On my short to-do list of book projects, I have a concept for one called Know When You Don't Know: A Guide to Investigative Reporting and Life.
I know that not everyone aspires to be an intrepid journalist. The little joke in there is that life is kind of like an investigative reporting project. We're repeatedly put in situations where we don't have full information, or where people are deceiving us in some way, and that leaves just one practical solution—to get to the bottom of things.
In our current environment of information overwhelm, this kind of awareness is indispensible. Yet, for this to work, you would need some hint that you're not working with all you need to know, in order to get you started. Generally that's going to come from you.
I think about this concept a lot—how to know when you don't know. For most people I run it past, it's like a Zen koan, similar to "What is the sound of one hand clapping?" In this case, we could ask, "What happens when you rub one brain cell together?"
Personally, I don't find knowing when I don't know to be paradoxical. It's usually as simple as coming across a word in a book or article, being aware that I don't know what the word means (or that I am uncertain), and stopping to look it up. But I am gathering that this is an unusual approach. It's seemingly easier to guess the meaning of a word than to look it up. Really, skipping the look-up step is just lazy. To know when you don't know, you must be on your toes.
If you're a news reporter, awareness of your knowledge level on any topic is the essence of your work. The difference between knowing and not knowing could be a libel suit, or ruining someone's reputation, or cashing in your trust with the public, or with your editor.
Good reporters have to know the difference between knowing and not knowing. We also have techniques that help us notice. To give one easy example, when two people in authority give you conflicting versions of the same story, you know you have some finding out to do. One of them is wrong, or their accounts add up to something that neither of them is saying.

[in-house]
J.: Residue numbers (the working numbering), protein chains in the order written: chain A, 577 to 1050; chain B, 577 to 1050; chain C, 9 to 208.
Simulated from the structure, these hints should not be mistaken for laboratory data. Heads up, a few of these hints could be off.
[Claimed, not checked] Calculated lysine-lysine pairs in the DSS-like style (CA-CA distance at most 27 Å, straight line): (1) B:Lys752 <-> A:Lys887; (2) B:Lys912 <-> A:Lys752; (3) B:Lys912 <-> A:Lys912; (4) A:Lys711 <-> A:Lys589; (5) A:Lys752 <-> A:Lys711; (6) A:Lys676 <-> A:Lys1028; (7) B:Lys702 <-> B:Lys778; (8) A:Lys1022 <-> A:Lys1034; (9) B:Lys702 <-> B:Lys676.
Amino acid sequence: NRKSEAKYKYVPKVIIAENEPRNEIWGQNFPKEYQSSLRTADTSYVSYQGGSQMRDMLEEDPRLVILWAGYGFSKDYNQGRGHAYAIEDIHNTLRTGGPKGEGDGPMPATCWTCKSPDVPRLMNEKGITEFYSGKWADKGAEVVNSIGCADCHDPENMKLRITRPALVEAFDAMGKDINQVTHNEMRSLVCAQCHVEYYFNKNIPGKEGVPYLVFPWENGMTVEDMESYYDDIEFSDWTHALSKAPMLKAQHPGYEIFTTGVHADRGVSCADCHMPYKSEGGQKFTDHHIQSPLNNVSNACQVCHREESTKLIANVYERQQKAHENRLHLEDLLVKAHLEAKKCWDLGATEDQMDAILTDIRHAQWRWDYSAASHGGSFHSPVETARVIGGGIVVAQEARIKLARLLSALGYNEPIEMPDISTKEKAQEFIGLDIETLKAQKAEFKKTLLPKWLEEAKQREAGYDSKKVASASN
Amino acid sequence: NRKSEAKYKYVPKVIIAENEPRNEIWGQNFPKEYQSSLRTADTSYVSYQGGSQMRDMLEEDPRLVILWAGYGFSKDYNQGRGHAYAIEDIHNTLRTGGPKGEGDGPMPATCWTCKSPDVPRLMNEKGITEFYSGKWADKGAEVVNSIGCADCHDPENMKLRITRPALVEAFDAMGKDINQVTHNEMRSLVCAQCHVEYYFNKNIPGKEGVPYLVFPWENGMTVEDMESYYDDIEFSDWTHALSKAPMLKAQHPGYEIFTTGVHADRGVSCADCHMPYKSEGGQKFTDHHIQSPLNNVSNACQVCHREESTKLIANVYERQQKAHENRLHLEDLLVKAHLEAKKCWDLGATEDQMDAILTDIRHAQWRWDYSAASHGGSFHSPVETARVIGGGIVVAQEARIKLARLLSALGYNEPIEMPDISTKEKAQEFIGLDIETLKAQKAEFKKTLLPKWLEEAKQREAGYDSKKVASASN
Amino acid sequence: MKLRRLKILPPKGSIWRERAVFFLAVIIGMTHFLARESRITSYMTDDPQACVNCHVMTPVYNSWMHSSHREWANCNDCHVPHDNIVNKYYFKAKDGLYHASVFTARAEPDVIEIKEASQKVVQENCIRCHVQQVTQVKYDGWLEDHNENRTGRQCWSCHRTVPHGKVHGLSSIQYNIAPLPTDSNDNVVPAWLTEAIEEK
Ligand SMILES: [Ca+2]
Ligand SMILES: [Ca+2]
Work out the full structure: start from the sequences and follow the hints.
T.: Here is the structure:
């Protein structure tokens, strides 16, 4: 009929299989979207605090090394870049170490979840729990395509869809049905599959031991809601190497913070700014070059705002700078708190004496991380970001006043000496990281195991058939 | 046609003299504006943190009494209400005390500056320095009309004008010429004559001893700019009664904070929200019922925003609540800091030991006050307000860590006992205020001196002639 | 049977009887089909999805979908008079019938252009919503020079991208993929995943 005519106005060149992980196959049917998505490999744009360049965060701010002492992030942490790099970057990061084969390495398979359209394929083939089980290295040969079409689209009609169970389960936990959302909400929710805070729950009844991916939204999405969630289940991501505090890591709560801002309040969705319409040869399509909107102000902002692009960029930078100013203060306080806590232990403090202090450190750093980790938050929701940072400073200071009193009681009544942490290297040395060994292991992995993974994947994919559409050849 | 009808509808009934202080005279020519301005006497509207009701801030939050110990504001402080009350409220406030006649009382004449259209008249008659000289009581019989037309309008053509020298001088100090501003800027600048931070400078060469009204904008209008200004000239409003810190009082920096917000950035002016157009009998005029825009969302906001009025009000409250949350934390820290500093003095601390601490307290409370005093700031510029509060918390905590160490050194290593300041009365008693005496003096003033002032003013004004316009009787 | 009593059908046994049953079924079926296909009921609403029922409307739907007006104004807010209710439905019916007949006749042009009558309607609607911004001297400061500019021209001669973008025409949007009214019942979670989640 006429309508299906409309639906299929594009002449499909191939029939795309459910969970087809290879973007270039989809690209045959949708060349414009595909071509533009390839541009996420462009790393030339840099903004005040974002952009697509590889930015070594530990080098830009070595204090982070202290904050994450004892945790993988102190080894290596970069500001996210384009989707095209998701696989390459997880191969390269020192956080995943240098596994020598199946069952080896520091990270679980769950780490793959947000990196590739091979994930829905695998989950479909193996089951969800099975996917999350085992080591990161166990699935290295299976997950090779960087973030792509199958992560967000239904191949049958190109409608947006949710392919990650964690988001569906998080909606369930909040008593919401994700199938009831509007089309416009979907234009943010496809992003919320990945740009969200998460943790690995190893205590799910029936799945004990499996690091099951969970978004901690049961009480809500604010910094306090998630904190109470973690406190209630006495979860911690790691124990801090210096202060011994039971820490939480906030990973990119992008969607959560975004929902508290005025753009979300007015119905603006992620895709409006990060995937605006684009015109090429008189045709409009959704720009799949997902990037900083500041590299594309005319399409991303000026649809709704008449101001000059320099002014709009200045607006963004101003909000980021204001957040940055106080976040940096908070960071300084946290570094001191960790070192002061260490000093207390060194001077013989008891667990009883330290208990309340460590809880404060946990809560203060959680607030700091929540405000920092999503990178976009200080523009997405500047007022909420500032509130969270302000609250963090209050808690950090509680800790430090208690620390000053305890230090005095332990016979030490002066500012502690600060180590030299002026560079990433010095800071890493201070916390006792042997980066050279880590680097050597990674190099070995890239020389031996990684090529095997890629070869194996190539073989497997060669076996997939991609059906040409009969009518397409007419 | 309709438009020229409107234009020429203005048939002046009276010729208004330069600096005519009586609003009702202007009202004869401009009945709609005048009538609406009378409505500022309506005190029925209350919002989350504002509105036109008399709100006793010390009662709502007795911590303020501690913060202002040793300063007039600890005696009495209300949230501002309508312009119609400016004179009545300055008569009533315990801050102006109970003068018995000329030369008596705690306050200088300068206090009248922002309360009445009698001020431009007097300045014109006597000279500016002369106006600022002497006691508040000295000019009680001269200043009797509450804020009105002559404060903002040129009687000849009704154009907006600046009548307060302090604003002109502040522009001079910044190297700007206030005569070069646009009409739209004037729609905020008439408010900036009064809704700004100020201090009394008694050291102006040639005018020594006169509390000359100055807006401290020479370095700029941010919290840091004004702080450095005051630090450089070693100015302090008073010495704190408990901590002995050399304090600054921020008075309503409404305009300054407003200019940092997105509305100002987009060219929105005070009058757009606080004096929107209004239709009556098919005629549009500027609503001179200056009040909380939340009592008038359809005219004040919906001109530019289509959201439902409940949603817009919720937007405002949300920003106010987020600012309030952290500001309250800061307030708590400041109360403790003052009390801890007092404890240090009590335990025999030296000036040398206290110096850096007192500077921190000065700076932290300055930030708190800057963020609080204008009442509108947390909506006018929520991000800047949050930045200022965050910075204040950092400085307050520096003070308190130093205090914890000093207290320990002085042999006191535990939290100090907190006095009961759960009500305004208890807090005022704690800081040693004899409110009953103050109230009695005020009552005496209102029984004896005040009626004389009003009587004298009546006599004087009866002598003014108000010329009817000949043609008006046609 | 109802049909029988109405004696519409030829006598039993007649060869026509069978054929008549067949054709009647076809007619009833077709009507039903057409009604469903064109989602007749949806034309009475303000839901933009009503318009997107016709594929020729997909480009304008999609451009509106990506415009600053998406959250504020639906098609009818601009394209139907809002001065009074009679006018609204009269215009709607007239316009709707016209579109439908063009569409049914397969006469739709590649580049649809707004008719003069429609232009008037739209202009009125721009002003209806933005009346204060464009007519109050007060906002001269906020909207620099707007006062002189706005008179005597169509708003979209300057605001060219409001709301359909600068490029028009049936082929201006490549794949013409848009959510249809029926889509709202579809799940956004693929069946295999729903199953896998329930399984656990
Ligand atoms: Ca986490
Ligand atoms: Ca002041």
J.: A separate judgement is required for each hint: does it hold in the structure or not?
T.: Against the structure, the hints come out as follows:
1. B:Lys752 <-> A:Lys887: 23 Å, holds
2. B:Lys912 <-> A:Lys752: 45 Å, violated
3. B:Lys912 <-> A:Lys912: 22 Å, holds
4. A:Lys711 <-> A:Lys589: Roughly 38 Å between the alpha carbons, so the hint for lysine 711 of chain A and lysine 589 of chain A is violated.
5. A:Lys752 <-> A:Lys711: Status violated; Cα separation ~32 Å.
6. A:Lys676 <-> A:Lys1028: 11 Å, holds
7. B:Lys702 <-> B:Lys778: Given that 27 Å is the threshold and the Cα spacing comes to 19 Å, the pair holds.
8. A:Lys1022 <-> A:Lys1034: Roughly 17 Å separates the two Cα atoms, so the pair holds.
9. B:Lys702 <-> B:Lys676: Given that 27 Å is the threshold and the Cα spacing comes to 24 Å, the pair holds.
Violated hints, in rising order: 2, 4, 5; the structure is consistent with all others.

Or you may discover a document that contradicts what you've been told. You learn something, though you then have the job of debunking what is not true, and establishing what is true. All of this happens while you don't know for sure.
Once you know that you don't know, you can get busy figuring out what is true. That's often an adventure. Asking a question that does not have an obvious answer can lead you to unusual places and to real discoveries. Yet, it's not possible to be lazy and do this, or to have willful ignorance, the opposite of which is curiosity.
Along with that is the factor of being willing to admit that you don't know, which does seem to be difficult for people. In fact that may be one of the biggest barriers: feeling stupid because one does not know, which, in turn, seems to prevent one from finding out.
Isn't it refreshing when someone poses a question to an expert of some kind, and they think about it, and admit they don't know the answer? The reason it's such a happy thing is that it's honest, and that in turn opens up a space where real knowledge, or at least a real question, can enter. There's little difference between the two.
Mercury Square Neptune: That Was Intense
Through May and most of June, we experienced a Mercury retrograde. That involved Mercury making an unusually long-lasting square aspect (90 degrees) to Neptune in Pisces.
Typically, this aspect will last a few days. Thanks to the Mercury retrograde, wherein Mercury stays in a narrow band of the zodiac for a while, the current square has lasted for about two months. It is likely to have effects extending into the future, potentially associated with decisions you made in late spring and early summer.
Mercury retrogrades are growing more intense, as we surround ourselves with Mercury-ruled devices and merge with them evermore intimately.
Many factors in the world are insisting that we proceed through life with increasing clarity. Yet Mercury square Neptune illustrates the brain fog that can take over when there is too much data, conflicting data, or a mental sphere that blocks awareness of your feelings and your body.